Tag Archives: teachers

Podcast with Rachel Phillips – she shares her story of living with anxiety

Friends, this podcast is powerful! My friend Rachel Phillips is brave and beautiful and amazing! She shares her story on the podcast of the anxiety that has been gripping her since she was a young girl.  This is a story many of us can relate to and yet, sometimes we don’t talk about it.  My hope is that in hearing Rachel’s story, those who suffer can know that they are not alone.  There is help and there is a light at the end of the tunnel.  We touch on marriage, kids, parents, moms, and how anxiety can affect the entire family.  We talk about the isolation and shame that can accompany anxiety.  We even talk about the church and what role the church can play when it comes to suffering.  Rachel courageously lets us in on all of it and we are better for it.  If you have anxiety or if you love someone who does, you won’t want to miss this! This is a triumphant story filled with truth and hope, redemption and joy!

An exciting and fun part of her story is that Rachel’s husband, Josh Phillips, is an American Ninja Warrior! He is called the Family Ninja and can be found on Facebook at @familyninja.

Here is a beautiful, inspiring video they made for American Ninja Warrior: https://vimeo.com/198150018

“Do not be anxious about anything, but in everything, by prayer and petition, with thanksgiving, present your requests to God. And the peace of God, which transcends all understanding, will guard your hearts and your minds in Christ Jesus.” – Philippians 4:6-7 (NIV)

To My Daughter with Learning Differences

Update!!! So excited this  was also shared on Huffington Post! Click link to check it out!

http://www.huffingtonpost.com/entry/to-my-daughter-with-learning-differences-whom-i-once_us_573a3382e4b06dede18b9937?hd45lep4nfyctyb9

This letter was written and submitted to The Mighty before I posted it here.  It is also posted on www.themighty.com with a few minor edits. I’m so grateful to my daughter for letting me share her story.  I pray it encourages others.  

Dear Daughter,

Thank you for being my child. I need you. Thank you for being you.

Although I never thought I’d say this, I’m grateful for the struggles we have had surrounding your ADHD and dyslexia and sensory issues. While I know for you, this has made school difficult, and it has made life challenging, I want to go on record and say that you have made me a better person.

I spent years wishing you were different. I didn’t want you to have to suffer. I have to admit it and we’ve talked about it before…it’s not easy to parent a child who is struggling. You become a mom who is struggling. You look at all the kids who are “thriving” and you wish they were your children. You start to resent the other moms. You close down and protect and build walls. I did all of that.

But you know what else I did? I fought for you. I fought with you. We stood together and reckoned with the future. Sometimes our fists were up and sometimes our hearts were open but we were in it. We were strong and courageous. Together.

I told you that you could do anything and you listened. You did it. High school graduation is upon us and you are headed to college.

 

natalie book

I think back to kindergarten and the teacher telling me that you didn’t quite understand the letters. In second grade when you were formally diagnosed with a learning disability, they kept saying, “She understands, she’s so smart, she just can’t decode the letters”. Or “She knows the material, she just can’t get it on paper”.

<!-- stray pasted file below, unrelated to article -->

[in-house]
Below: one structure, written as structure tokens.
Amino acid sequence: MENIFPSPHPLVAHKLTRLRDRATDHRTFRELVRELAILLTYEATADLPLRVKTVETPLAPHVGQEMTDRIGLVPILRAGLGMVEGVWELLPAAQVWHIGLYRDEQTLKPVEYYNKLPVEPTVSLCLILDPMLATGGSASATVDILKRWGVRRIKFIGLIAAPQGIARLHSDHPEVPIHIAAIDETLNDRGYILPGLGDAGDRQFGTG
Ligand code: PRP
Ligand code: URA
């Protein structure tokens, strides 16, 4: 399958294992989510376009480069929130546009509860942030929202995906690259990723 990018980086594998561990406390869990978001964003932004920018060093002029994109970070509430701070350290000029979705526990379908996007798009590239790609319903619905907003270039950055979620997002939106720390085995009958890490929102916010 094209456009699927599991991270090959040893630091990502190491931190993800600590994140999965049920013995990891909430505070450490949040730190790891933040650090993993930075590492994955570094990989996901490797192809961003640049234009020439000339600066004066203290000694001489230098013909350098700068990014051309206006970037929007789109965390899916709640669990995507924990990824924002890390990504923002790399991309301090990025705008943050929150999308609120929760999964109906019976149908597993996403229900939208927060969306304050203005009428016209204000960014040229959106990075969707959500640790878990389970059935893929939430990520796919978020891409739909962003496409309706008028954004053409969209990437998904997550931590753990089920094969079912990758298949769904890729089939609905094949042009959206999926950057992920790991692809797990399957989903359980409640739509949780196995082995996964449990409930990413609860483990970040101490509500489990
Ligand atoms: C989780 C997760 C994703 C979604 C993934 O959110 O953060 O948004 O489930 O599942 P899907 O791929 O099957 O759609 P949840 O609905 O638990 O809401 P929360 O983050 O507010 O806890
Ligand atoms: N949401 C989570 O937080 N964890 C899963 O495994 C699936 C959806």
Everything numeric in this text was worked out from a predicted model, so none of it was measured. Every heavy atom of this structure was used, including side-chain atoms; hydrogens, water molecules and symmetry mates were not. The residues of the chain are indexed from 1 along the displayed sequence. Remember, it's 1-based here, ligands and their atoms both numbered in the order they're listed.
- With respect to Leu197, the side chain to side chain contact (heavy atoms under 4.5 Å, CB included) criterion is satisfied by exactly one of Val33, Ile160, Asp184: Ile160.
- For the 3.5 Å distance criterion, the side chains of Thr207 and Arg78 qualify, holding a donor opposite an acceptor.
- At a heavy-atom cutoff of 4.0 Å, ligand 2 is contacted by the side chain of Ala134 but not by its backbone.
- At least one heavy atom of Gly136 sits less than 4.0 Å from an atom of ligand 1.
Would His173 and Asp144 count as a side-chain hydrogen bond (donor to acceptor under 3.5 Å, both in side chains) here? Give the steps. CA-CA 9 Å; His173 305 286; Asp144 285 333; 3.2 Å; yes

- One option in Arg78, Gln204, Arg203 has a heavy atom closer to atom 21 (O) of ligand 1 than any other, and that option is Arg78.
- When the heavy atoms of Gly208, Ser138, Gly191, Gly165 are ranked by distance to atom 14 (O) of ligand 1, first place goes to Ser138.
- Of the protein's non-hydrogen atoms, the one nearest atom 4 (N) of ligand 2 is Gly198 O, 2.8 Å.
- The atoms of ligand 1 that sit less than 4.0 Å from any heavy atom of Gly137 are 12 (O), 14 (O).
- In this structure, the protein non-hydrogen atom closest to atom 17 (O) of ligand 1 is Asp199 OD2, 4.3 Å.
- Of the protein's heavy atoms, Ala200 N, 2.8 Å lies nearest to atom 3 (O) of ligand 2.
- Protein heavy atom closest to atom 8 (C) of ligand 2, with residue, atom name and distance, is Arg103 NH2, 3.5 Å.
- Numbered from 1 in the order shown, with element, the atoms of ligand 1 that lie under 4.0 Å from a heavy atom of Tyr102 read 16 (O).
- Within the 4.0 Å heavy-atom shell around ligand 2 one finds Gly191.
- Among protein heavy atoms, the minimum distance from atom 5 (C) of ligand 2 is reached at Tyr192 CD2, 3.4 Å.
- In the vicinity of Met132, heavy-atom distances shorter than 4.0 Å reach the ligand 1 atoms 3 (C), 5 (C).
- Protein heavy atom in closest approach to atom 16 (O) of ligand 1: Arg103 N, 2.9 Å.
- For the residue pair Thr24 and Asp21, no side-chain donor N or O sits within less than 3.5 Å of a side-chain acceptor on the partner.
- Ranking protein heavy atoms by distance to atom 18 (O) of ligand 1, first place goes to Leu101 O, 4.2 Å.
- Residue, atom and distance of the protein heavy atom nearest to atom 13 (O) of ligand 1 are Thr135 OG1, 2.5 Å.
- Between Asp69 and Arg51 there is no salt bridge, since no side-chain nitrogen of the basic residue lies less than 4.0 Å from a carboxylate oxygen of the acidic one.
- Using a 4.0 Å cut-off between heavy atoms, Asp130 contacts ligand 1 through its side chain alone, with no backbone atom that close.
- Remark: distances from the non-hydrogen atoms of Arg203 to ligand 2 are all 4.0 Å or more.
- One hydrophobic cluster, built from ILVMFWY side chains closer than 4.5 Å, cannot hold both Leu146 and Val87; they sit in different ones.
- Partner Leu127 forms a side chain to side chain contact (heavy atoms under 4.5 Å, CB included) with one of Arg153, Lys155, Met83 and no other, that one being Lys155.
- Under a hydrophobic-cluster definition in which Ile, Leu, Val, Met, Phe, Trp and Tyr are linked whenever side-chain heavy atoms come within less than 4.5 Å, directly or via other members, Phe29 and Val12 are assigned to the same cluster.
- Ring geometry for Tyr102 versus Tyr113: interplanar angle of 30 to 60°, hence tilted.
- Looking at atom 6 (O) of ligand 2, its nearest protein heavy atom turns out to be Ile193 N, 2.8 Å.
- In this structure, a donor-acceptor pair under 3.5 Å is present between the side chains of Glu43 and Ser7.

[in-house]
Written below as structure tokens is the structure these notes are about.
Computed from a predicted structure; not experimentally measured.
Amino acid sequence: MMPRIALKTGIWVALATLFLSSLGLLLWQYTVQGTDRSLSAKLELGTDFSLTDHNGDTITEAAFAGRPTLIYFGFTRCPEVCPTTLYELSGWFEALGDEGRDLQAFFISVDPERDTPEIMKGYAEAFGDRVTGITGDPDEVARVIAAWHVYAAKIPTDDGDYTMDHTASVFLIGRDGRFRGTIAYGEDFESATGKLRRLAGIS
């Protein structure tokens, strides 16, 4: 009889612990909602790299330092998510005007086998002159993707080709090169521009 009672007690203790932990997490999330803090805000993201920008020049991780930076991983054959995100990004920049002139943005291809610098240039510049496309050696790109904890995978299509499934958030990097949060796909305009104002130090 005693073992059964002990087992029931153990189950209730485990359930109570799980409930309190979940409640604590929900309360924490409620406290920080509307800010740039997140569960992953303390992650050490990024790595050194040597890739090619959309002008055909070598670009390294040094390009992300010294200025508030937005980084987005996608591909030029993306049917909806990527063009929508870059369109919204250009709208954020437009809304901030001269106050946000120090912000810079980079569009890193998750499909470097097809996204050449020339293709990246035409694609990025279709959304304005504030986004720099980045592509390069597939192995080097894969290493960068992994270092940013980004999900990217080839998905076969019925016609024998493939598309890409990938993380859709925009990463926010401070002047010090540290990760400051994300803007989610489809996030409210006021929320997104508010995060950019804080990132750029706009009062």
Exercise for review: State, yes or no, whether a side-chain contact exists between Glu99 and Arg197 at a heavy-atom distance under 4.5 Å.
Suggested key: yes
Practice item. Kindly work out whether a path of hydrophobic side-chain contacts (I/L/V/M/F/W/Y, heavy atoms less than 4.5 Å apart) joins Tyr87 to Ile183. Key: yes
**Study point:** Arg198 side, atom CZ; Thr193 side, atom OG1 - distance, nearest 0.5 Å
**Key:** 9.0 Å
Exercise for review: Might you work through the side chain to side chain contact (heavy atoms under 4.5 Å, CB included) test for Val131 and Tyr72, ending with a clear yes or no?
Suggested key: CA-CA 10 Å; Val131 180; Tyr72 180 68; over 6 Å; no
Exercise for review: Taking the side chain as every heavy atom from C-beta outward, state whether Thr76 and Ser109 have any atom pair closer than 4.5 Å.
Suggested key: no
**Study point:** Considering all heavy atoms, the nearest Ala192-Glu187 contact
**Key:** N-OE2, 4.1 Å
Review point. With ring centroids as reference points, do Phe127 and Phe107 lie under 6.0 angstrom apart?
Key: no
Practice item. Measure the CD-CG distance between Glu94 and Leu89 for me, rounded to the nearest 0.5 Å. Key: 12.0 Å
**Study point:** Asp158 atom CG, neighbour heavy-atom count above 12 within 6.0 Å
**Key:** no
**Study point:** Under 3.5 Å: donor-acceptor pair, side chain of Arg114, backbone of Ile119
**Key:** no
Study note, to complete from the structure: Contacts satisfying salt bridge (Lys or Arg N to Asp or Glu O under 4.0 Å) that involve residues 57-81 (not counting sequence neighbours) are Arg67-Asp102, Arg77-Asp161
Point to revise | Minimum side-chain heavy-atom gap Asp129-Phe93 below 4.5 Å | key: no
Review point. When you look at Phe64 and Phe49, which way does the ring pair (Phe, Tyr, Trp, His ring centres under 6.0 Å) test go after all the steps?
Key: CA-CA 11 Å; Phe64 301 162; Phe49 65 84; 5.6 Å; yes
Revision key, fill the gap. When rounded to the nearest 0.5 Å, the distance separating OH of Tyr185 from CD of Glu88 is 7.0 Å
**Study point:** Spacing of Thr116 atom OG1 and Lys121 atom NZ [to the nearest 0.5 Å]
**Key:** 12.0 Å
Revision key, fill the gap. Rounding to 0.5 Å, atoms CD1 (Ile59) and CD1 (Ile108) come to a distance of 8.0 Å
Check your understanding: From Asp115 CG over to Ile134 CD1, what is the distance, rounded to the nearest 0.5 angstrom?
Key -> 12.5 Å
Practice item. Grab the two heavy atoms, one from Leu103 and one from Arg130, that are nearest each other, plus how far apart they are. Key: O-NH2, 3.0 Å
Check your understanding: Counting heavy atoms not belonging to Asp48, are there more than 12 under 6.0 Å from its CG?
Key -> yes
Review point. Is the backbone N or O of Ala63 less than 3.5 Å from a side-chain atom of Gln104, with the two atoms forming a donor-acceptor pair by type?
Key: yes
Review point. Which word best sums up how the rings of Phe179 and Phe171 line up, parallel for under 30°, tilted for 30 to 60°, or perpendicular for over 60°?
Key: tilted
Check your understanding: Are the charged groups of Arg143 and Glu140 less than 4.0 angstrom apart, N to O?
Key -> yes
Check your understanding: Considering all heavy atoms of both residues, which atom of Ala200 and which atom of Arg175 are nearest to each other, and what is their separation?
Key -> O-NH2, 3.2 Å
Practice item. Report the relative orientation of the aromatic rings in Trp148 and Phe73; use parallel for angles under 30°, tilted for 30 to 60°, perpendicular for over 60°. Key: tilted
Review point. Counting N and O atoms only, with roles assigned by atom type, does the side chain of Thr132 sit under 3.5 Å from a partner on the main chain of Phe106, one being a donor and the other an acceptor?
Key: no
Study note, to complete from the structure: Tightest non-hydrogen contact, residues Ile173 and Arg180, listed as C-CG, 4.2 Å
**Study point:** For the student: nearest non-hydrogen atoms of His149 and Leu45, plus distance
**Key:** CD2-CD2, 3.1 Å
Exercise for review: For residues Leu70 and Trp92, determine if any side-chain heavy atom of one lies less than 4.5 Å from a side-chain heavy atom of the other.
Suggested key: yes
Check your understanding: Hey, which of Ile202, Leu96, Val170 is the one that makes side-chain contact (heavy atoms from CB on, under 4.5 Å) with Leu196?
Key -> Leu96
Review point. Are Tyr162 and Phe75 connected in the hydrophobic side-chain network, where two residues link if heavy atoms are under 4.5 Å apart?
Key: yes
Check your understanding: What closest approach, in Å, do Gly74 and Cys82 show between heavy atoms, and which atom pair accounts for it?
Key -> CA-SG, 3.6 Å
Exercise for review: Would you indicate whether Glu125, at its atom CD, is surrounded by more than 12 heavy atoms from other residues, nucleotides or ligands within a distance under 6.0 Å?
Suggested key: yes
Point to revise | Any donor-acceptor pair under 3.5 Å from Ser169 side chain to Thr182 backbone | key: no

While often we were focusing on the decoding and the “treatment”, we tucked away the truth, “She’s so smart, she understands” in our hearts and we believed. I hope and pray that’s what you heard.

We had years of doctor appointments and therapy and meetings at school and tutoring and scary trips to the neurologist and so many questions. We fought for extra time on tests and notes written out. The paperwork alone takes up a whole room.

We were blessed with a school district that had resources and teachers who understood. Except for a few losers. Remember the one time we were so happy you got a D- we jumped up and down and cheered? Remember how I called your one teacher an “Asshole who doesn’t understand”? Well, I stand by that. Some people don’t get it. But because of you, I do get it. I am so grateful to be firmly planted on the side of understanding and compassion.

You can always be assured we’ve got your back.

Oh how I worried about you. I sought to understand you. I didn’t understand you. I cried and felt sorry for myself. My sense of entitlement was called into question. That one time when I was complaining to Dad and he said, “It’s not about you” was a moment of truth that changed the way I parent and live.

In an effort to get you what you needed, I called in the experts and I read the books and I prayed in a way that required surrender and trust. You gave me courage and you taught me to ask for help and you brought me closer to God.

You are heading off to college next fall and while I know I am not always a perfect mother, I can honestly say you are the perfect child for me.

I read a quote the other day that said, “Why do you keep trying to change the people God sent to change you?” This hit me like a ton of bricks. I’m sorry for trying to change you.

I think at times I might have justified my desire for you to change by explaining that it would just be easier for you if you were “like everybody else”.

I take it back.

Can I take it back?

You are a gift. You have changed me for good.

This is only the beginning. Now you get to go out and bless the world. I will be cheering you on forever. I’m thankful that I have been close enough to see you…God’s unique, beautiful creation…becoming.